Exchange platform 12 is a trading architecture that facilitates the purchase, lease, and sale of one or more spectrum or tower space transactions. In one example embodiment, exchange platform 12 is a website and/or a server that allows access for buyer 16 or seller 18 to conduct one or more transactions associated with wireless spectrum or towers or tower space. Note that as used herein in this document the term “tower space allocation” is inclusive of outright purchases of an entire tower, as well as simple tower space transactions. Exchange platform 12 is operable to receive and to process requests associated with transactions involving buyers 16 and sellers 18. In other embodiments, exchange platform 12 may be a single network node (that includes database 28 only) or a single computer, a management center, a single workstation, or a headquartering office for any person, business, or entity that seeks to manage the purchase, leasing, sale, transfer, or trading of spectrum or tower rights. Accordingly, exchange platform 12 may include any suitable hardware, software, personnel, devices, components, elements, or objects that may be utilized or implemented to achieve the operations and functions of an administrative body or a supervising entity that manages or administers a marketplace environment.
Exchange platform 12 may be owned and operated by any suitable entity having the authority to operate in the exchange of spectrum or tower rights. A connection may be present between exchange platform 12 and any other relevant exchange, whereby information associated with any transaction that is proposed by buyer 16 or seller 18 is relayed to an appropriate exchange to consummate the transaction (e.g., portal 36). Thus, exchange platform 12 may operate as a proxy between buyer 16/seller 18 (or between any other third party) and a corresponding exchange that can record and confirm a tendered purchase or sale of wireless spectrum or tower asset. Alternatively and where authorized, exchange platform 12 may perform such trade execution functions independently.
Exchange platform 12 may also deliver real-time financial data to buyer 16 or seller 18 in order to provide pertinent financial information to be used to make decisions as to whether to purchase or to sell various assets. This relay of financial information may be performed via database 28 or via any other suitable external element. Data, such as pricing information, asset class, maturity data, historical quotes, or current owners of spectrum, for example, may be provided to buyer 16 and seller 18. Other financial data may also be readily delivered and based on particular needs.
Note that exchange platform 12 is in full compliance with current FCC protocols such that current FCC auction processes can readily be accommodated by system 10. The FCC generally uses a simultaneous multiple-round (SMR) auction for wireless spectrum rights, whereby all licenses are available for bidding throughout the entire auction (thus, the term “simultaneous”). Unlike most auctions in which bidding is continuous, SMR auctions have discrete, successive rounds, with the length of each round announced in advance by the FCC.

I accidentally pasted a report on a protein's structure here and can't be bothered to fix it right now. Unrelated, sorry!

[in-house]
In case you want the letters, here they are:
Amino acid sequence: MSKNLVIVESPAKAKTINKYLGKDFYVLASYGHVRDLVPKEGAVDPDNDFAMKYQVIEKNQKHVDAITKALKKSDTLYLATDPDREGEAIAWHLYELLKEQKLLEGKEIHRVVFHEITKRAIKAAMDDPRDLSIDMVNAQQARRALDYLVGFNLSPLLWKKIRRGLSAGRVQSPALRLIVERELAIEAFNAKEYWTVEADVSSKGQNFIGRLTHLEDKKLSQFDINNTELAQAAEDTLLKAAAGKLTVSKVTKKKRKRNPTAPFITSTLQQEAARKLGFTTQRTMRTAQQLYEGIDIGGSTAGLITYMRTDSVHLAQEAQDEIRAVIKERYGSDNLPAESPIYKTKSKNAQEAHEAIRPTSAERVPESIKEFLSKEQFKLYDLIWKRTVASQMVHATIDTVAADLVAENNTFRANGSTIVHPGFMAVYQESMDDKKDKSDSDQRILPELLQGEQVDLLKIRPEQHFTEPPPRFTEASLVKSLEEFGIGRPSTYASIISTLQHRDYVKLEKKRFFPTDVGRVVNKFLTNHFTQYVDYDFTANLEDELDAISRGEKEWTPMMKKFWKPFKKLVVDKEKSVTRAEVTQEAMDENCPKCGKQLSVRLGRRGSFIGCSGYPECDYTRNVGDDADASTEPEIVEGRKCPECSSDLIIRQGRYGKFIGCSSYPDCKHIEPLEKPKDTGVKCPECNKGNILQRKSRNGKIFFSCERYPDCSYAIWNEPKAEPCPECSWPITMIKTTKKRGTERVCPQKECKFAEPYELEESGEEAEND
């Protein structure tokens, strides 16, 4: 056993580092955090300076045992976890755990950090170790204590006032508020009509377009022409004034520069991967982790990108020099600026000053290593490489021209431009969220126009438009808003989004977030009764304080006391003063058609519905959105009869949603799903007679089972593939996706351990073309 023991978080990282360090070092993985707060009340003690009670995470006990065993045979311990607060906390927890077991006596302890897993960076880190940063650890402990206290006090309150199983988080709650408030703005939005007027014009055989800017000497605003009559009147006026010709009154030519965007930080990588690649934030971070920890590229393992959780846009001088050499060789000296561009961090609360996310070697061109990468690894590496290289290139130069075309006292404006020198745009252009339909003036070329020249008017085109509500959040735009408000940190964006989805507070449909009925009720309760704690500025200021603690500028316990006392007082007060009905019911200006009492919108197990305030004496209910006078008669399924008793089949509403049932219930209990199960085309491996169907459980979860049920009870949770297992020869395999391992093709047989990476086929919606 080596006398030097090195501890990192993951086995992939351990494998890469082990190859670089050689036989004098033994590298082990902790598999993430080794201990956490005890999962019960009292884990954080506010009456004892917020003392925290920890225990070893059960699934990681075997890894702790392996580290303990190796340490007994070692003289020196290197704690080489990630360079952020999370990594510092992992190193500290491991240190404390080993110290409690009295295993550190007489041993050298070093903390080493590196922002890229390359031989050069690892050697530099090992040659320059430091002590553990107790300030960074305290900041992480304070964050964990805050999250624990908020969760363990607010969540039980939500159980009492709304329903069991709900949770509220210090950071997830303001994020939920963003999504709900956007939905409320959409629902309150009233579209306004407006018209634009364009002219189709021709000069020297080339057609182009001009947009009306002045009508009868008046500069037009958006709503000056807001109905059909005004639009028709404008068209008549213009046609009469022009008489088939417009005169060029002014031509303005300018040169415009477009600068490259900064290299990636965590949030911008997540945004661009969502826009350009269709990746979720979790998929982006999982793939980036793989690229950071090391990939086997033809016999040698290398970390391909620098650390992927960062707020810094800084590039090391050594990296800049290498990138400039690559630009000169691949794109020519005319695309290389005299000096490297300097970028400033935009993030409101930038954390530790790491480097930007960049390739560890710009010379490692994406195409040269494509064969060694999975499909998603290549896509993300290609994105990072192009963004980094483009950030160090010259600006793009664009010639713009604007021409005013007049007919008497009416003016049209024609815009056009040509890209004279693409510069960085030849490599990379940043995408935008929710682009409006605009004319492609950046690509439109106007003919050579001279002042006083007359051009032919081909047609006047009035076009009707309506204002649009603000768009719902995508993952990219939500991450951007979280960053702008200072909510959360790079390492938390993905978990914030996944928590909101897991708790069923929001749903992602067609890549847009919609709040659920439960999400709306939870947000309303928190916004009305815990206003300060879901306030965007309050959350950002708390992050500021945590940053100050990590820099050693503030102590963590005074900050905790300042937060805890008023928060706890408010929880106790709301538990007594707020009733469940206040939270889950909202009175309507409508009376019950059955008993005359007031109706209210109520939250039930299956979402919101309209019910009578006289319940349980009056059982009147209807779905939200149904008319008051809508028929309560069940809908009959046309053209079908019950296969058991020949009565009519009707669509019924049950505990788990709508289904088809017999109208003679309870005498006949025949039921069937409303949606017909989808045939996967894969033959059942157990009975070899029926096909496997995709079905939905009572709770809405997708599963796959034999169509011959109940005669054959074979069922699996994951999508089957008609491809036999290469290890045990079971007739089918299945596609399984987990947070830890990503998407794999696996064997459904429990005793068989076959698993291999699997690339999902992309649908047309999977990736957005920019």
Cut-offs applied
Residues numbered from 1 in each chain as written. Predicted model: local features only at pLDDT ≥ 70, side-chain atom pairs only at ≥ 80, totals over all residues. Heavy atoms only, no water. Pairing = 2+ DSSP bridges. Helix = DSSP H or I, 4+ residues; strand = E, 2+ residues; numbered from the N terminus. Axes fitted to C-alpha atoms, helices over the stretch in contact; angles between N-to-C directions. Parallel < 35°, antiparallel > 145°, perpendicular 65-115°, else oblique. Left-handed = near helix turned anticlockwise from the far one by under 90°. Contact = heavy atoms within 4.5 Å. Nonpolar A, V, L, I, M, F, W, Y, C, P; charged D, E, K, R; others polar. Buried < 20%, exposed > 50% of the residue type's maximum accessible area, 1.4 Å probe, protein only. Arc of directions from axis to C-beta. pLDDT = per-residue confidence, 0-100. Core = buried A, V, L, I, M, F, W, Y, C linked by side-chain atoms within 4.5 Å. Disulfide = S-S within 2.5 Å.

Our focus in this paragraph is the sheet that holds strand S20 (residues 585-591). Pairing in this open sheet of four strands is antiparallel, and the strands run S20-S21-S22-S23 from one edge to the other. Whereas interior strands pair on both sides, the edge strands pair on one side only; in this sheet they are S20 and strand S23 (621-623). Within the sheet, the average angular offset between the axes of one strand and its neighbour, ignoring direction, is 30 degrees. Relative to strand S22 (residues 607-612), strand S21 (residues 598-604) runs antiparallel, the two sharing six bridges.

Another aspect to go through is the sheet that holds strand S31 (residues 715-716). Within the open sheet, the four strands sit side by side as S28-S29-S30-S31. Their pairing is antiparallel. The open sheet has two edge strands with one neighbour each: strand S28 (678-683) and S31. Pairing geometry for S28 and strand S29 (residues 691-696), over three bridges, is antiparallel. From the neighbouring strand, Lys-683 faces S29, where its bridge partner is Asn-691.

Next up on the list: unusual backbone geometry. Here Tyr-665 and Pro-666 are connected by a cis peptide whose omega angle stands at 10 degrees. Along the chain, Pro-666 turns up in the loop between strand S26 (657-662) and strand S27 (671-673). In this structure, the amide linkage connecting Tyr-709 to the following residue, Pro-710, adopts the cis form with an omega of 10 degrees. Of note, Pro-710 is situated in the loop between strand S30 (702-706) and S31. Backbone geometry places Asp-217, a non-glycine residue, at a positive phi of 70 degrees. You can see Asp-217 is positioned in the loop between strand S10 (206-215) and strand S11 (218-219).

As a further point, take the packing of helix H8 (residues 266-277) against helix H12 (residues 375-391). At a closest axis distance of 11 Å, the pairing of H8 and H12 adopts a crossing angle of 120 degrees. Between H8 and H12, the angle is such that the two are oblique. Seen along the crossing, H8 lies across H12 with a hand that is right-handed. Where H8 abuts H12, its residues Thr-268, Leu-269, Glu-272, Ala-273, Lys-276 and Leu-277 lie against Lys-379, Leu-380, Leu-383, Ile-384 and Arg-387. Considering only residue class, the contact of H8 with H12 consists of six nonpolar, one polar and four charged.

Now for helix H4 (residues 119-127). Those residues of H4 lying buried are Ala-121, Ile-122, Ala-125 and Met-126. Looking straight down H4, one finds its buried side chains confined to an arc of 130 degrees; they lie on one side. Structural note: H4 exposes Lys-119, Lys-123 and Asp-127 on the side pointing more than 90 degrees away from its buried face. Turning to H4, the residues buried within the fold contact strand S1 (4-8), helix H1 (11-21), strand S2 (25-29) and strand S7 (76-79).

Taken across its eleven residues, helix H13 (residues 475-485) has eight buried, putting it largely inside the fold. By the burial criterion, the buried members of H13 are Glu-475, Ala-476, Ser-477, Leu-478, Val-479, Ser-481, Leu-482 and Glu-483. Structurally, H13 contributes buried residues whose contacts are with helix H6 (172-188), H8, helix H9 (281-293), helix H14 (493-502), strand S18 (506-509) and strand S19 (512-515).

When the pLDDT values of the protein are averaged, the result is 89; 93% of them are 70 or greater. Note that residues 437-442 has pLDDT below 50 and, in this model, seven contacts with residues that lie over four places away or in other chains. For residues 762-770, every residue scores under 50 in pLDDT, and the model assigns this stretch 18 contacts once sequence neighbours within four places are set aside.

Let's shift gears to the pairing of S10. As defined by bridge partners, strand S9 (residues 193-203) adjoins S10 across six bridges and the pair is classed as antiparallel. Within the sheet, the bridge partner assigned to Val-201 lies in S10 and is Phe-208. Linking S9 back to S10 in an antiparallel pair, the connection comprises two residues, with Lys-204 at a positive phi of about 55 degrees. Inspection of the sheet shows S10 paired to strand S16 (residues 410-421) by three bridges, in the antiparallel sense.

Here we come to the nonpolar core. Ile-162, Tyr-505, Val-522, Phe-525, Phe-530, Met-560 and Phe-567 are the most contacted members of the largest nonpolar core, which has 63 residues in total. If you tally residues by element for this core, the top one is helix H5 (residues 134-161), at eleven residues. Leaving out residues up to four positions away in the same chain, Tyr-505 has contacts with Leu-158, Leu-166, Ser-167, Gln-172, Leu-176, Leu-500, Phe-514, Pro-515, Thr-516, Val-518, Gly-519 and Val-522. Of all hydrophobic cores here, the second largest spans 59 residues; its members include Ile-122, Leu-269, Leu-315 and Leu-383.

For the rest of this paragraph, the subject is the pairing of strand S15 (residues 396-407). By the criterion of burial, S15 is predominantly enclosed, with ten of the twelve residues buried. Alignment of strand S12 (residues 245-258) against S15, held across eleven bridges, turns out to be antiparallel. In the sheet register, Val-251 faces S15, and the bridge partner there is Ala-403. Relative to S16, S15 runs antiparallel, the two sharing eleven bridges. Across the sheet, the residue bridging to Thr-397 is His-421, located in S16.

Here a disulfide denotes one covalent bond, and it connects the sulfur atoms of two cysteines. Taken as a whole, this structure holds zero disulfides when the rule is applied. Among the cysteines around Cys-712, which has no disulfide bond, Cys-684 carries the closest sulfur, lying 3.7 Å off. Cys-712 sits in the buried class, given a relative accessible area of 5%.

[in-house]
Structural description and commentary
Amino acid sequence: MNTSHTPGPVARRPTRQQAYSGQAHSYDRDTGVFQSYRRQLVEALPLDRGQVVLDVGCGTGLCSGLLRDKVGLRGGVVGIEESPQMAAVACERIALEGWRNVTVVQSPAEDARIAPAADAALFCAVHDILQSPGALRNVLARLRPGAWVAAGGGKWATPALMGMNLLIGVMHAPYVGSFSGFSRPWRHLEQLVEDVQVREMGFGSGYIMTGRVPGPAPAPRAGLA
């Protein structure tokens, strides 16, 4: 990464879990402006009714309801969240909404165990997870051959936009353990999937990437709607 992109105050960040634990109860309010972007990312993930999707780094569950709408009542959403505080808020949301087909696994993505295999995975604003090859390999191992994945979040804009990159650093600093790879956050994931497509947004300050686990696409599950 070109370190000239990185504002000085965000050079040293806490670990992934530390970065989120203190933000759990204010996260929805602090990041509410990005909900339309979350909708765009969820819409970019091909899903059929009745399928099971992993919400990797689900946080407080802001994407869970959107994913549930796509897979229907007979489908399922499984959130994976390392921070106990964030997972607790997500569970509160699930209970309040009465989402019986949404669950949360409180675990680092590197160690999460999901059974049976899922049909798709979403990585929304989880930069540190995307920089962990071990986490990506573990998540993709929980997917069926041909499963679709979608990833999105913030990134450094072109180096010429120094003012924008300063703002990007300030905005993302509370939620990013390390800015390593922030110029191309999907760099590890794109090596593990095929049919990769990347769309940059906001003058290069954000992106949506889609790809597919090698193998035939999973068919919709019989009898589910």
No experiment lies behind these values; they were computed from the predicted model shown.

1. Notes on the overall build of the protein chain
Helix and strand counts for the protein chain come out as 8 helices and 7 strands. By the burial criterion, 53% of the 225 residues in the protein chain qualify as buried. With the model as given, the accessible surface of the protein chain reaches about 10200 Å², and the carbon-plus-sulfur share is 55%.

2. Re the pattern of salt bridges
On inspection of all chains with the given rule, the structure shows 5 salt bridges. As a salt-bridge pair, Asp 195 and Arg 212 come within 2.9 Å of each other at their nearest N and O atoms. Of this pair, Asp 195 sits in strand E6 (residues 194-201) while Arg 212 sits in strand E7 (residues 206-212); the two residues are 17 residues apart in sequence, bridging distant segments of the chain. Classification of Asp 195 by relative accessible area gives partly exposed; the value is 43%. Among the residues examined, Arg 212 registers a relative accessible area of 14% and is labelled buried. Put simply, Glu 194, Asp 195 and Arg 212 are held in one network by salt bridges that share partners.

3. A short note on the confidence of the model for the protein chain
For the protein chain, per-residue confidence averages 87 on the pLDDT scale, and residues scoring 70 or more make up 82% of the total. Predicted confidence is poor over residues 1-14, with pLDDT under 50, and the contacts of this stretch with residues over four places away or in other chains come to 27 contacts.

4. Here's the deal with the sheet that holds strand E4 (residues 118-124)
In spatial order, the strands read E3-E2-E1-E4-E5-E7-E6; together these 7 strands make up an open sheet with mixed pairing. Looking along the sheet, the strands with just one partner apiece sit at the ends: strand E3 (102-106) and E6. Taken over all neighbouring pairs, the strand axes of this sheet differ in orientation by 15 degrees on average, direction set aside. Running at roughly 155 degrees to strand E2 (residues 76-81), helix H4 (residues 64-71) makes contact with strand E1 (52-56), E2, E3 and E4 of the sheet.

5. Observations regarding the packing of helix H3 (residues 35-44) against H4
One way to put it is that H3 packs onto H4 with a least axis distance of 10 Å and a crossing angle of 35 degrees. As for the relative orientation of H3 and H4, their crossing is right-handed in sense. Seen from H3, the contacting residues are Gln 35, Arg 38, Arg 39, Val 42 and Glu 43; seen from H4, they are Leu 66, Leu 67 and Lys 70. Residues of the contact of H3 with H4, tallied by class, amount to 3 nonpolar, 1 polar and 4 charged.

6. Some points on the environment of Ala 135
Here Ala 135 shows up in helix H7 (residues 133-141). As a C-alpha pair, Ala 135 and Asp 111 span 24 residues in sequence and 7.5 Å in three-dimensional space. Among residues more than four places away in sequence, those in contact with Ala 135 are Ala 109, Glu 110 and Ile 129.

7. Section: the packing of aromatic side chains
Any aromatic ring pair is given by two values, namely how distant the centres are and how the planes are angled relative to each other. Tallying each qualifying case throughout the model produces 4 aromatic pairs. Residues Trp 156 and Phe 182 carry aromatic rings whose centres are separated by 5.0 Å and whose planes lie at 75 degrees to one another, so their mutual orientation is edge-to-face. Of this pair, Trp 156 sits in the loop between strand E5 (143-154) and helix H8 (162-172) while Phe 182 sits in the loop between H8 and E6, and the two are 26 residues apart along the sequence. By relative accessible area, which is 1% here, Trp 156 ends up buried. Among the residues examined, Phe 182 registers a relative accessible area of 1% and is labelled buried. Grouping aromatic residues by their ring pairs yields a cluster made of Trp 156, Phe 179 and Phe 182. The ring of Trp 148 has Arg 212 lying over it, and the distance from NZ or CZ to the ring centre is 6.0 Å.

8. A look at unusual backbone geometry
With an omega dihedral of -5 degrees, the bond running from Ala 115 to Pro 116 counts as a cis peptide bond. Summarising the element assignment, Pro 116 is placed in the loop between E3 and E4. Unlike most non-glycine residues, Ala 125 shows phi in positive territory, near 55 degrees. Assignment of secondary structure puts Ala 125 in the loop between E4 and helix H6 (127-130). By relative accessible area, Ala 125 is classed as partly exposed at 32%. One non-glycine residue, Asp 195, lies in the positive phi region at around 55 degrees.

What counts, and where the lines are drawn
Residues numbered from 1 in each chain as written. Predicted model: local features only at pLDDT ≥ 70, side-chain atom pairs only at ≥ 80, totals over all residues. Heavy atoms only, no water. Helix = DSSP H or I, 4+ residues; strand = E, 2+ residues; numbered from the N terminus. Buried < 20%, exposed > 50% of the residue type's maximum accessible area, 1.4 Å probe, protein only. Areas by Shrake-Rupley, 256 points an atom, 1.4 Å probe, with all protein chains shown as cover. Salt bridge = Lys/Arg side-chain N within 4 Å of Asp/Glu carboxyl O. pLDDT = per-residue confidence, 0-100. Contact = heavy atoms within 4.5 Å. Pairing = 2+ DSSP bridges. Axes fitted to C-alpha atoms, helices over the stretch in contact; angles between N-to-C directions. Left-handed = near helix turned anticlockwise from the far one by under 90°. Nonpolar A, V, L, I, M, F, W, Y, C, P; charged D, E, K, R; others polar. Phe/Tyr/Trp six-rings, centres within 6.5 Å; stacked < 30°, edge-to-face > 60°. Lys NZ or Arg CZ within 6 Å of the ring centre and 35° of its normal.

After each round closes, round results are processed and made public. Only then do buyers 16 learn about the bids placed by other buyers 16. This provides information about the value of the licenses to all bidders and increases the likelihood that the licenses will be assigned to the bidders who value them the most. The period between auction rounds also allows bidders to take stock of, and perhaps adjust, their bidding strategies.
In an SMR auction, there is no preset number of rounds. Bidding continues, round after round, until a round occurs in which all bidder activity ceases, whereby that round becomes the closing round of the auction. The FCC's SMR auction design can be modified to allow combinatorial or “package” bidding. In the case of package bidding, bidders may place bids on groups of licenses as well as on individual licenses. This approach allows bidders to better express the value of any synergies (i.e. benefits from combining complementary items) that may exist among licenses and to avoid the risk of winning only part of a desired set.
Communications network 14 is a communicative platform operable to exchange data or information between buyer 16/seller 18 and exchange platform 12. Communications network 14 represents an Internet architecture in a particular embodiment of the present invention, which provides buyer 16 or seller 18 with the ability to electronically execute trades or initiate transactions to be delivered to exchange platform 12. Alternatively, communications network 14 could be a plain old telephone system (POTS), which buyer 16 or seller 18 could use to perform the same operations or functions. Such transactions may be assisted by a representative or a broker associated with exchange platform 12, or manually keyed into a telephone or other suitable electronic equipment in order to request that a transaction be initiated or executed.
In other embodiments, communications system 14 could be any packet data network (PDN) offering a communications interface or exchange between any two nodes in system 10. Communications network 14 may alternatively be any local area network (LAN), metropolitan area network (MAN), wide area network (WAN), wireless local area network (WLAN), virtual private network (VPN), intranet, or any other appropriate architecture or system that facilitates communications in a network or telephonic environment.
In an alternative embodiment, communications network 14 and/or wireless spectrum module 20 may be replaced entirely or partially with a person, providing a human interface to a corresponding trading platform. In such an embodiment, an agent of exchange platform 12 or any other suitable person or representative may be contacted by buyer 16 or seller 18 (e.g., via the telephone, a network, other suitable electronic equipment, or directly by word of mouth). The agent or representative may receive a request from buyer 16 or seller 18 to execute some transaction involving spectrum or tower rights. The agent or representative may then record the transaction once it has been consummated and contact buyer 16 or seller 18 to confirm that the transaction has been executed.